The question asks you to strengthen the conclusion.

First we identify the conclusion. "Therefore" is often a big flag of conclusion statements, and that holds true here also. The conclusion is:
"we should restructure the workday to allow people flexibility in scheduling their work hours."

Now we look to the preceding sentences (premises). The premise is that sleep deprivation is bad and common.

The typical structure of an argument is Premise + Assumption = Conclusion

Since we've identified the premise and the conclusion, one way to strengthen the conclusion is to prove one of the assumptions, so that the link between premise and conclusion is stronger. Another way is to reinforce a premise.

Let's look at the answer choices:

a) This says overwork causes sleep deprivation. However, there is still nothing that says that overwork is the same as having an inflexible schedule for working hours. Therefore I eliminate this.
b) This one is correct. Some non-native English speakers might be thrown off by the use of "latitude" because this employs the secondary definition of the word, "scope for freedom of action or thought." If this statement were true, then the argument makes more sense: sleep deprivation is bad -> flexible scheduling fixes sleep deprivation -> we should have more flexible scheduling.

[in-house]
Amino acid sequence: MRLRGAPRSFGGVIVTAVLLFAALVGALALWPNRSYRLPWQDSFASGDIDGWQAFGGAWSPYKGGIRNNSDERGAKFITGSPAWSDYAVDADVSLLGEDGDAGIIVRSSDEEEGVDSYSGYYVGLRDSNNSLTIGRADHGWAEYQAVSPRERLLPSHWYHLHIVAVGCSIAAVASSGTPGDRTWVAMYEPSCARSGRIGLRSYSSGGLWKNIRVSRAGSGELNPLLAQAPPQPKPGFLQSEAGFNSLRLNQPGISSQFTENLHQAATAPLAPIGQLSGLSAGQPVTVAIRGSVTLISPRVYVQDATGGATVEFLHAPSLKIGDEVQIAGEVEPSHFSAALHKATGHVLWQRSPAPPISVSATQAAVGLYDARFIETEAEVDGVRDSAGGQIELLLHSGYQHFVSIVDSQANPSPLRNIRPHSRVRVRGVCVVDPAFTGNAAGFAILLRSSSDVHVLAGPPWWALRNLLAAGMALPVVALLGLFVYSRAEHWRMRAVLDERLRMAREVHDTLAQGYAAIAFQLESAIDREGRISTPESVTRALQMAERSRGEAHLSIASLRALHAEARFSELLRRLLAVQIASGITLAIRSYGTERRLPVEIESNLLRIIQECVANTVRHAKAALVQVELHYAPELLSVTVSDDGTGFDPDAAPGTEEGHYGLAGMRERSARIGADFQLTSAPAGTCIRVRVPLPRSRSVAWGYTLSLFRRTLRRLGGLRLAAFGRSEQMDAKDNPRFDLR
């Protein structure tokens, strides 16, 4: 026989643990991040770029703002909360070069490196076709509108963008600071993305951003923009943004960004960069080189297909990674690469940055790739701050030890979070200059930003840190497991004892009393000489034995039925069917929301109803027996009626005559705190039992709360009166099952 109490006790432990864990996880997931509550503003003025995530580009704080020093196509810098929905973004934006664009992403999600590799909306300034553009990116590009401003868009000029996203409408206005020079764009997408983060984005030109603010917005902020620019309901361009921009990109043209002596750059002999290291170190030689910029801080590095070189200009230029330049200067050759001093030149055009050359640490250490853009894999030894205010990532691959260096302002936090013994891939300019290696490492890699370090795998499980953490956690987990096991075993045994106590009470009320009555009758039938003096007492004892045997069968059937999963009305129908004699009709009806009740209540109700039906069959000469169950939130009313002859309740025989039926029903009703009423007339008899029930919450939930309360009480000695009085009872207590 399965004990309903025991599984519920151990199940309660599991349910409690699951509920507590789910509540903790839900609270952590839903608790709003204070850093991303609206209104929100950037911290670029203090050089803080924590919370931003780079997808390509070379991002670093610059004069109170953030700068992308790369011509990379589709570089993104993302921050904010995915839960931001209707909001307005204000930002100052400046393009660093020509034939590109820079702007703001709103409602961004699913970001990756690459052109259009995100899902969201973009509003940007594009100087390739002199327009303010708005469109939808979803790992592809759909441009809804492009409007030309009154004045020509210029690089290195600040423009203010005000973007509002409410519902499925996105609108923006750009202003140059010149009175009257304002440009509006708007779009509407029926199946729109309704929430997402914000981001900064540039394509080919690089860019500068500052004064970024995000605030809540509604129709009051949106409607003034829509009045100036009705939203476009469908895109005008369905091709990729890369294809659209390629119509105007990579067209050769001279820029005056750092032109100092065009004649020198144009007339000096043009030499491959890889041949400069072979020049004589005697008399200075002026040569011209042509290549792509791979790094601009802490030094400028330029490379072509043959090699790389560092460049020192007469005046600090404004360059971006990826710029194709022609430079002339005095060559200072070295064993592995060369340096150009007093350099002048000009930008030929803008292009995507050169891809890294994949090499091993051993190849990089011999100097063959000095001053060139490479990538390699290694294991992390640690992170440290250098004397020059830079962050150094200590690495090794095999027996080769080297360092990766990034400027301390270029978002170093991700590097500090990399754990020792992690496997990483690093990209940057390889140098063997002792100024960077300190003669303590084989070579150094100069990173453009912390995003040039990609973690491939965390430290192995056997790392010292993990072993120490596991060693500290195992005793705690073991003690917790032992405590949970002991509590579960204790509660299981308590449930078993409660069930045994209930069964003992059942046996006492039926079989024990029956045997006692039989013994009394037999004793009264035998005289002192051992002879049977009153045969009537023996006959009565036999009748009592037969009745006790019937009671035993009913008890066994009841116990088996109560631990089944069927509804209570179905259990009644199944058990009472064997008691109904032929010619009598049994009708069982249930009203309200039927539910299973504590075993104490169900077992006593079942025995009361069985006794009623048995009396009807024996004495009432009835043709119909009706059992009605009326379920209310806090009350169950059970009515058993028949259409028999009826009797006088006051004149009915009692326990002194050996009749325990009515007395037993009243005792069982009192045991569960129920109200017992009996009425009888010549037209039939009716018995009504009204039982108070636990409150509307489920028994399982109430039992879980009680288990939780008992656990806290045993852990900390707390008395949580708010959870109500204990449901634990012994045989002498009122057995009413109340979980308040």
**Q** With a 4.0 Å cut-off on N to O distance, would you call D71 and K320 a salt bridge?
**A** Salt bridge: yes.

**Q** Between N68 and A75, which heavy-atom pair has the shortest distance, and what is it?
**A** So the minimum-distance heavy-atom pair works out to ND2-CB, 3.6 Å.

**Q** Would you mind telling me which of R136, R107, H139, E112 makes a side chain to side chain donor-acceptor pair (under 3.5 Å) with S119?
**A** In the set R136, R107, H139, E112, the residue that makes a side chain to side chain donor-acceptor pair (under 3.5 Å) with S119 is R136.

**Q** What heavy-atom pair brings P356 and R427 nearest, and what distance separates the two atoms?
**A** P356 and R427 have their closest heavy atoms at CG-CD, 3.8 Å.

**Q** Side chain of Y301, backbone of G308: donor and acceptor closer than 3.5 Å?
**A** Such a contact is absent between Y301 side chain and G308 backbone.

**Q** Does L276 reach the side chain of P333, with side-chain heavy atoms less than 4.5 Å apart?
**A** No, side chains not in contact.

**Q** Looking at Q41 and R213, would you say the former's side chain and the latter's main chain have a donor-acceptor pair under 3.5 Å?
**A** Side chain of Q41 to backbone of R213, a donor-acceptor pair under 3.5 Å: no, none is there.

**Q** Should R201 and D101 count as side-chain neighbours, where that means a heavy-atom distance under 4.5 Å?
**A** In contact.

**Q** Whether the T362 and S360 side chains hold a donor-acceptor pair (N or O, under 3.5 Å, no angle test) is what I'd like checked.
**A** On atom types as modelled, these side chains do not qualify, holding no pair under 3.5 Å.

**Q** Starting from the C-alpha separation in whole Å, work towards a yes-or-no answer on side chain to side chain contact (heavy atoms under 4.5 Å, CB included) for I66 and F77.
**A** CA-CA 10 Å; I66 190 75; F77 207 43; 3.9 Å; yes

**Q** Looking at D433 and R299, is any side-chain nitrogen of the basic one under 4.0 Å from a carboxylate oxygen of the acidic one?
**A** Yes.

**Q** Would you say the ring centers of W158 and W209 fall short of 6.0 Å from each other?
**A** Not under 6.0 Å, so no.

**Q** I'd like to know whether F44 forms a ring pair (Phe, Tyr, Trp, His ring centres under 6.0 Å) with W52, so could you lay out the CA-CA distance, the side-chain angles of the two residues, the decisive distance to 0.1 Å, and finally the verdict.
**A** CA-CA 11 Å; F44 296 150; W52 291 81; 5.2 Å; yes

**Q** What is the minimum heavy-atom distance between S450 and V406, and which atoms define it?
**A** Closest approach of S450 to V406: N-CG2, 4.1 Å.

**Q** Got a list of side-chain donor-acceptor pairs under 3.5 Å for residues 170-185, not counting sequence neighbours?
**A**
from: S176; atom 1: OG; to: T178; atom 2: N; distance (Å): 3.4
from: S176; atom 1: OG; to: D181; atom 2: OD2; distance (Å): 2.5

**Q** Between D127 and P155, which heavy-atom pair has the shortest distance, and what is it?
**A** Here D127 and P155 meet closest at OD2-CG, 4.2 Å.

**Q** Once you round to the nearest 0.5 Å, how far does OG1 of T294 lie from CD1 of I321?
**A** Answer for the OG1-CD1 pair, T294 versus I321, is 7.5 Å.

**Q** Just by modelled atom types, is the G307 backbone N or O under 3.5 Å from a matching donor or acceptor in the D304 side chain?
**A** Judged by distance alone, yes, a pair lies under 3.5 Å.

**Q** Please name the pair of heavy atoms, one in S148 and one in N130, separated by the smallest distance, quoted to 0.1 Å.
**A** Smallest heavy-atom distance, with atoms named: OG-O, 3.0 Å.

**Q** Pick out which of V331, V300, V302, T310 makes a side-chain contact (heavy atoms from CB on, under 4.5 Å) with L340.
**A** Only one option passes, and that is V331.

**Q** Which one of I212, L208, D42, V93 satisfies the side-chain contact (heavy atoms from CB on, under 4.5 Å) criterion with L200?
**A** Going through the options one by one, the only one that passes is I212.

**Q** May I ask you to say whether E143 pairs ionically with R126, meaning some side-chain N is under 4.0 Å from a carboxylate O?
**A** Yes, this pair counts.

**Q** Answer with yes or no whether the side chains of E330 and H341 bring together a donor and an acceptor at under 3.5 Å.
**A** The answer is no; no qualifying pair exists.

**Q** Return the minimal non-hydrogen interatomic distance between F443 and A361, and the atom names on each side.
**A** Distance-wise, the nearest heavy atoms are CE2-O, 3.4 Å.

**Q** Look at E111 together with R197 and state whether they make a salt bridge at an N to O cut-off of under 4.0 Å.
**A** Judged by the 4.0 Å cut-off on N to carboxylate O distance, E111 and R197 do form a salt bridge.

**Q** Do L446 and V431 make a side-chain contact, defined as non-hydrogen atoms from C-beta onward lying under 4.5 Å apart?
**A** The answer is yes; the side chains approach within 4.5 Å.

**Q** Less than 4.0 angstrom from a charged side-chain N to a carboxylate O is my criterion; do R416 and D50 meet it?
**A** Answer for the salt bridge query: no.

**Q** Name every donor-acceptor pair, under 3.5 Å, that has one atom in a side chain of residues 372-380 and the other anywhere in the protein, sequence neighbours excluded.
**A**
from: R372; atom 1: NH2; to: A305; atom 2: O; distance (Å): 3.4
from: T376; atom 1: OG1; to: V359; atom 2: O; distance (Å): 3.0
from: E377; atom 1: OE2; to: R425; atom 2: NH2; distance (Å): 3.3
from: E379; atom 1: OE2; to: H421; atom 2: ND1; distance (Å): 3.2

c) This seems somewhat irrelevant if not contrary to the premise.
d) This also seems irrelevant. It's taking about a hypothetical situation that doesn't matter for this argument.
e) This answer choice MIGHT make sense if the conclusion was something about shortening the work day. But because the conclusion says nothing about fewer hours (instead it says flexible hours), it is irrelevant.

Correct answer: B
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New post 05 Nov 2014, 20:34
B it is for me... Supporter type strengthen answer....
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New post 21 Oct 2015, 12:52
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I think such questions cannot appear on the GMAT. It's too direct that you start doubting your take.